“Some of the systems are now 50 years old, and they’ve been maintained wonderfully, but we want this to be a property that will be able to be affordable for the next 30-50 years. So, we will be spending money on the heating and cooling systems and those sort of things. Those shouldn’t be too disruptive for the tenants,” said Fluetsch.

“HUD has been increasing the requirements for accessibility; some stuff may need some accessibility modifications in units, but I don’t see anything of concern. We don’t use toxic materials. Frankly, we try not to do things like new carpets and drapes while the tenants are still in the unit,” said Fluetsch, who attempted to address other issues raised by Valentine, on behalf of herself and other Bicentennial Apartments tenants.

“The really big one is, are our utilities going to be covered in the rent? I know that that’s not usual for HUD apartments, but it has been a huge boon to all of us at the apartments,” said Valentine.

“Because if we had to pay utilities on top of our rent, for many of us that means, ‘Do we drop medication or do we pay for rent?’ And at this point we don’t have to make that choice,” stated Valentine.

“Utilities are going to continue to be included in the rent,” promised Fluetsch, who heard about other concerns from Valentine, including pet ownership.

“Many of us who are single, many of us don’t have family close by, and so that one thing that we have is our companion. Many of us have medical conditions or we are depressed or sad, and that pet is the one thing we know is always there—at 3 a.m., 5 a.m. or whatever time is needed, that is our solace,” continued Valentine,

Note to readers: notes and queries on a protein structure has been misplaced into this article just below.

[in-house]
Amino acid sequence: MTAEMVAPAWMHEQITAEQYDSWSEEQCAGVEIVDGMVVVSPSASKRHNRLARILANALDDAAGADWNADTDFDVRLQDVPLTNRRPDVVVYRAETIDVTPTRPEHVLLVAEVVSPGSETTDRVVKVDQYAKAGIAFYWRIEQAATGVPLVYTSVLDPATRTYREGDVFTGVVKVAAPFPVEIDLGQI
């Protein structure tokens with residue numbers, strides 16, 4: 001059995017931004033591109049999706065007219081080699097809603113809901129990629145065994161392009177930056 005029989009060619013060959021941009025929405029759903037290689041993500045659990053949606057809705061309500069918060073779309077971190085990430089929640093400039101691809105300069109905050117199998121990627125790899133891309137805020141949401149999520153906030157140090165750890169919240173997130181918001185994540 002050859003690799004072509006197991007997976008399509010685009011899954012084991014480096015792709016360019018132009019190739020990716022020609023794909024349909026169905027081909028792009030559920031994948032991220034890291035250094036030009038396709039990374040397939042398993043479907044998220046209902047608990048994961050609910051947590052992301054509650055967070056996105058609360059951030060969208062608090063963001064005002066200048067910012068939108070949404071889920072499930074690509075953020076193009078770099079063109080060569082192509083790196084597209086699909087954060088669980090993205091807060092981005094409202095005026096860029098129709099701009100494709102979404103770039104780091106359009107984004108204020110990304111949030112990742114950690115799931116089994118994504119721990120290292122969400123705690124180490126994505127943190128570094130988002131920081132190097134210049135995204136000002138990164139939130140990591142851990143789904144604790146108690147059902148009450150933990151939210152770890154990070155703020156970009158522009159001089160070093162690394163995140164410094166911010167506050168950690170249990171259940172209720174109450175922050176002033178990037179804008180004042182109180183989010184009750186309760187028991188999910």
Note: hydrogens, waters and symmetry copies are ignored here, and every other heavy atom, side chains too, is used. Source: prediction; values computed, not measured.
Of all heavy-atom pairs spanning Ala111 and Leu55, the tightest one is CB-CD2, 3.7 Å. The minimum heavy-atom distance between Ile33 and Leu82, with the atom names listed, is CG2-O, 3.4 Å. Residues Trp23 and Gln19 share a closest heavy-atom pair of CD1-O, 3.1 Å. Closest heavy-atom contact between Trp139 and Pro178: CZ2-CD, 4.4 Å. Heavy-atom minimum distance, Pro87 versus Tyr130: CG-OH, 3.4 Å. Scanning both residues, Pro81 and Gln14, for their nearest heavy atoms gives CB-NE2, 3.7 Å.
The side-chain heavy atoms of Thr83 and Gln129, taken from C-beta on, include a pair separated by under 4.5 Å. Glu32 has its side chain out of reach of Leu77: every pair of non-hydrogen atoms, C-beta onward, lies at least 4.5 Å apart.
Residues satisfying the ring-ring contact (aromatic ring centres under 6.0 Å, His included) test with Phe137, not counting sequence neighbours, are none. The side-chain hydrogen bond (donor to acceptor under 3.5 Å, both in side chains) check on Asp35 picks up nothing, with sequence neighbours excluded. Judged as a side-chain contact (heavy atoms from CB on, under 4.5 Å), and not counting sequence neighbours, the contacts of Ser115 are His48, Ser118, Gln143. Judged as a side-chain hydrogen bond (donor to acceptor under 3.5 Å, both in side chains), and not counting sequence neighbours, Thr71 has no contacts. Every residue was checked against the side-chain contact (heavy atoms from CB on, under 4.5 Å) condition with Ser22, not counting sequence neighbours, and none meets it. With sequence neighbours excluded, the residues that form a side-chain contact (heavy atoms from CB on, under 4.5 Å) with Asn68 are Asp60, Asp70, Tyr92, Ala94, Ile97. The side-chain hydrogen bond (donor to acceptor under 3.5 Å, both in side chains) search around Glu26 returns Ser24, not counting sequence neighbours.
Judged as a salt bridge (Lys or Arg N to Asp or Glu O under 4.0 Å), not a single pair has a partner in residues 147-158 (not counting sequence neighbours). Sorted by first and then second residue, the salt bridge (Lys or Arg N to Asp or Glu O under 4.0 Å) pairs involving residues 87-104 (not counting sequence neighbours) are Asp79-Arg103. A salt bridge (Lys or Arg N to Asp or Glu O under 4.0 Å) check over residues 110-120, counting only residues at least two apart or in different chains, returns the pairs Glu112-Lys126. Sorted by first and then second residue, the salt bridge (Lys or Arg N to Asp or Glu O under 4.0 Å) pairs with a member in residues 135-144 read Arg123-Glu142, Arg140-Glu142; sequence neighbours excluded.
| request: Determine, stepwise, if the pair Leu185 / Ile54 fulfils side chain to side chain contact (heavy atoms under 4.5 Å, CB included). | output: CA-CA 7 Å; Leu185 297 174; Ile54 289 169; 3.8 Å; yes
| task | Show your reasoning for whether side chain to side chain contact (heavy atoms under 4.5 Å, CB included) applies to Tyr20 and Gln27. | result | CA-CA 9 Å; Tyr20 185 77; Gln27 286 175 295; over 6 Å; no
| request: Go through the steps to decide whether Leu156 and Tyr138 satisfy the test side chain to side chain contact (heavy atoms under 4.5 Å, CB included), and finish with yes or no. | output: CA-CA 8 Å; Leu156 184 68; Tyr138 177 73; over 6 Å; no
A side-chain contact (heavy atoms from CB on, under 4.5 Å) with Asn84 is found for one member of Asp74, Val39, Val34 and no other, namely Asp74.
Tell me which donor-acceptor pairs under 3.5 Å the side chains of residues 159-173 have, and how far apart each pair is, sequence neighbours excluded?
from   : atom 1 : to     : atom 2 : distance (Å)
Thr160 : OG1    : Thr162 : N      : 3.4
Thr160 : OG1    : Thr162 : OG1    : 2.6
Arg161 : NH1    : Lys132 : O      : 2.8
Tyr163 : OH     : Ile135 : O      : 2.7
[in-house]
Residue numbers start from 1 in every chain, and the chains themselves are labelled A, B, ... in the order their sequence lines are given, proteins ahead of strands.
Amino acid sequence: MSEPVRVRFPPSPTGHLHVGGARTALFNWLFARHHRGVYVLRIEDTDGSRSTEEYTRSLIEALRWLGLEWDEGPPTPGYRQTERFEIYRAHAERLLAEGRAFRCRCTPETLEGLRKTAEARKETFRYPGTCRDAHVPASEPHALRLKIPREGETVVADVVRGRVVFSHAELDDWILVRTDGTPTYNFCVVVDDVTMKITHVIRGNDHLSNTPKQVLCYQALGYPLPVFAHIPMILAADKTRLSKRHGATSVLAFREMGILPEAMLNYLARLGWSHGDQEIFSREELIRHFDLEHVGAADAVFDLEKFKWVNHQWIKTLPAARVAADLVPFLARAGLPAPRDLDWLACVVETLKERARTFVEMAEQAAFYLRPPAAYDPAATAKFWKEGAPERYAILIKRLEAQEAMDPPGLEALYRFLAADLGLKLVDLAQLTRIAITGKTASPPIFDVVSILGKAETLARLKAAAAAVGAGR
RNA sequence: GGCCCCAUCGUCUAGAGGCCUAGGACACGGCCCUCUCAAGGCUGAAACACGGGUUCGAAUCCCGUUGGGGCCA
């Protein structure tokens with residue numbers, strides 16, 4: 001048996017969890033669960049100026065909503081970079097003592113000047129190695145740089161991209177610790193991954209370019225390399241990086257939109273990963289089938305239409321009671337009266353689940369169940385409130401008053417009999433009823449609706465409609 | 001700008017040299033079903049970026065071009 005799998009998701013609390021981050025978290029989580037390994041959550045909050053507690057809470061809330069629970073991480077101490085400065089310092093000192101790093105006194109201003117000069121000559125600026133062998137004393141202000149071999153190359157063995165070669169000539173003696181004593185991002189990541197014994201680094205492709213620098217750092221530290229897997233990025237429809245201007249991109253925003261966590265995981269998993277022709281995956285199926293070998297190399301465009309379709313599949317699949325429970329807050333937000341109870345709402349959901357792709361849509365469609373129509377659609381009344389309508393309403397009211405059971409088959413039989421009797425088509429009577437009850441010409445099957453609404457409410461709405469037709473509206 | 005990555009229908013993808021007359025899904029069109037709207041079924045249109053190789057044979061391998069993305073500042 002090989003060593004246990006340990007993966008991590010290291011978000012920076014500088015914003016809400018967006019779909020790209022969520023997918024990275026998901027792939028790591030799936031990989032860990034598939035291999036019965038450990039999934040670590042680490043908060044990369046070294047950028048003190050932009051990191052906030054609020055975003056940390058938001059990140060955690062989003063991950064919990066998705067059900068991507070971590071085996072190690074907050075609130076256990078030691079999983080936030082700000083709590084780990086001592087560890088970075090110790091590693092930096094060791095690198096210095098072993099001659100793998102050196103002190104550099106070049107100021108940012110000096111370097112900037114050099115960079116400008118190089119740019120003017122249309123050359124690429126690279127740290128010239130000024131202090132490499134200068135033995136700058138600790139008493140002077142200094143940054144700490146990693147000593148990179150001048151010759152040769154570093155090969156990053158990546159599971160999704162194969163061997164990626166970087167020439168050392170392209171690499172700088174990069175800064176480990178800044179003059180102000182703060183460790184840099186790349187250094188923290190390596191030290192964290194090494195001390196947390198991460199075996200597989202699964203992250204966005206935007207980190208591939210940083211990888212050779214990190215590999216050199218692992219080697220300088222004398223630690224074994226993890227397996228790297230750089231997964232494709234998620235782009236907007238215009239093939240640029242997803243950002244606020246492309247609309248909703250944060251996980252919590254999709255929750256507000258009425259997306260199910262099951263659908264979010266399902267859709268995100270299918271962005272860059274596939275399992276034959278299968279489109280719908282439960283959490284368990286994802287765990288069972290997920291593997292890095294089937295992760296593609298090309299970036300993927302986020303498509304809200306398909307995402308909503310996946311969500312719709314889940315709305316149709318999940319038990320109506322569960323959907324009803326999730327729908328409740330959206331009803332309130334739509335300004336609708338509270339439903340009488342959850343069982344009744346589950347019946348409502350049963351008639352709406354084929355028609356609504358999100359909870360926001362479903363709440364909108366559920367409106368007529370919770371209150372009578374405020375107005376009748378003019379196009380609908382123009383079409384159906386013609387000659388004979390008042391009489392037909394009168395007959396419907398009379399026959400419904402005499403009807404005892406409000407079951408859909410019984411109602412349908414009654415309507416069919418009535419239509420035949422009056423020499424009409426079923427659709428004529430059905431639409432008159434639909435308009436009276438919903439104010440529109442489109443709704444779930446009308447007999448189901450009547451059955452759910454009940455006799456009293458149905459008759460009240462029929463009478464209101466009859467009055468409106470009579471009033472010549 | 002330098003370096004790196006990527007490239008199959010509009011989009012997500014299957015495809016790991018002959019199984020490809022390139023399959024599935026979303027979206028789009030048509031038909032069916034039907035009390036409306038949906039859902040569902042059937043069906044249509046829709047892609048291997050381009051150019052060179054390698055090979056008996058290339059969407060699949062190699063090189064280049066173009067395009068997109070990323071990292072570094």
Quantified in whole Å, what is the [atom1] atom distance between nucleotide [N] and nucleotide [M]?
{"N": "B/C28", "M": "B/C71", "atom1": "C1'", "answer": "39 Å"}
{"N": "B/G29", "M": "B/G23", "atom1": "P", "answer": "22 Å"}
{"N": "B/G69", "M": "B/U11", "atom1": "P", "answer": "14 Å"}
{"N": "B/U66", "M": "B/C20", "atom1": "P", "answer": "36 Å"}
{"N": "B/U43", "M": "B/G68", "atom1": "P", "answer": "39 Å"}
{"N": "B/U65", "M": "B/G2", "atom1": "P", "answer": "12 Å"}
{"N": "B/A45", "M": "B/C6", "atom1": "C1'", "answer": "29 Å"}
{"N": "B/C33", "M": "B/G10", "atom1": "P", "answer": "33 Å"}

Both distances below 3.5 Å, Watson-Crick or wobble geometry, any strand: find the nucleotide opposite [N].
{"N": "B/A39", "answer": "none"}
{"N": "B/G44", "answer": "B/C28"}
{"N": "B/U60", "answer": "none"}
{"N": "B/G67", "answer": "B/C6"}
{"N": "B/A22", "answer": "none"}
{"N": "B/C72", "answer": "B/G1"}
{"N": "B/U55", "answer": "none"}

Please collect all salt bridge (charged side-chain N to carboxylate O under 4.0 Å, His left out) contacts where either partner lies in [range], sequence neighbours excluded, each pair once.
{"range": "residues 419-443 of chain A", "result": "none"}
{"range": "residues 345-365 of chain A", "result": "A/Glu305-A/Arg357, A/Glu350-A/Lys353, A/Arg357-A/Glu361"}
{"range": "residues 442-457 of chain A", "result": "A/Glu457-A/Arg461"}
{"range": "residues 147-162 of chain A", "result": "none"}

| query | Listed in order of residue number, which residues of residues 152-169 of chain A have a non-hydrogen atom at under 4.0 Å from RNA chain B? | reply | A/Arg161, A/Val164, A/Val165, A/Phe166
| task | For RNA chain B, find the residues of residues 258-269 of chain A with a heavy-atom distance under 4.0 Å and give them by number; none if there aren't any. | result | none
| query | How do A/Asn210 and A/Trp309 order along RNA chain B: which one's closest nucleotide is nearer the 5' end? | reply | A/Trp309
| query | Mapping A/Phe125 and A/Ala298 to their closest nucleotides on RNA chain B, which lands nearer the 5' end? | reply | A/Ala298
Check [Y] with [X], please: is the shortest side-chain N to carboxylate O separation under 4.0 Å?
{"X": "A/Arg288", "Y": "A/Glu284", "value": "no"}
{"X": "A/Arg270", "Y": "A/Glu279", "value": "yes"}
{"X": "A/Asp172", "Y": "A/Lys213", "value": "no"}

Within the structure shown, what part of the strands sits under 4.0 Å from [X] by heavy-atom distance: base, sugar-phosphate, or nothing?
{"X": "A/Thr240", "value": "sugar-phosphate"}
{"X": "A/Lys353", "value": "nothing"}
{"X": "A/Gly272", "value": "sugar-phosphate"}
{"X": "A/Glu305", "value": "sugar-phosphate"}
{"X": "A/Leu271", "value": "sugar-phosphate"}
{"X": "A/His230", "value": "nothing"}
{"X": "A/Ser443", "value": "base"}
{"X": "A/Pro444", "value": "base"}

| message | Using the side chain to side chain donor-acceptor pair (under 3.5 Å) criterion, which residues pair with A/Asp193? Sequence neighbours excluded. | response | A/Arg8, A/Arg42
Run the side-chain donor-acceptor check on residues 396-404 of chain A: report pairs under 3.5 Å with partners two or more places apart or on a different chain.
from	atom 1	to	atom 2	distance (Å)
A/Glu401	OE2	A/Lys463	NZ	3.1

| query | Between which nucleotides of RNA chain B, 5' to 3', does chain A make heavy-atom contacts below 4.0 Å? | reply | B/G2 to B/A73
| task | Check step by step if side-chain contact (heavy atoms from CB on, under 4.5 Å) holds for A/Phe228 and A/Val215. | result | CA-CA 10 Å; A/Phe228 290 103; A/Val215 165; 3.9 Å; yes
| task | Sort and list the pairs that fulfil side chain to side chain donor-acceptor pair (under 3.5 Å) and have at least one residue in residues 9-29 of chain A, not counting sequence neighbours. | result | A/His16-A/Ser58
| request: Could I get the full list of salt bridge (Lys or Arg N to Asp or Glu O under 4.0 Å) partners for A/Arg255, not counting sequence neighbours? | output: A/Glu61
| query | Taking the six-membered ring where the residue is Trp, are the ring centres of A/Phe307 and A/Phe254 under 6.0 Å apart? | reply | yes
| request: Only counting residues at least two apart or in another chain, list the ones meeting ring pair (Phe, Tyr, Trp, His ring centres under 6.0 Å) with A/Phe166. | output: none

“I long ago learned not to get between one of my residents and her pets. Pets are fine,” smiled Fluetsch.

“The other thing is, most of us, we pay an extra five dollars a month for laundry, and we have laundry rooms on the second and third floor. However, I’ve not been able to ascertain—is that going to remain?” asked Valentine.

“The laundry where everyone pays five dollars a month— that’s a goofy setup. I haven’t seen that anywhere else, but we haven’t thought about changing it because frankly I’d have to hire a company to put in coin machines and I’m not sure that’s going to be worth the trouble,” responded Fluetsch, who replied to another issue raised by Valentine that the cost of parking would not increase for tenants.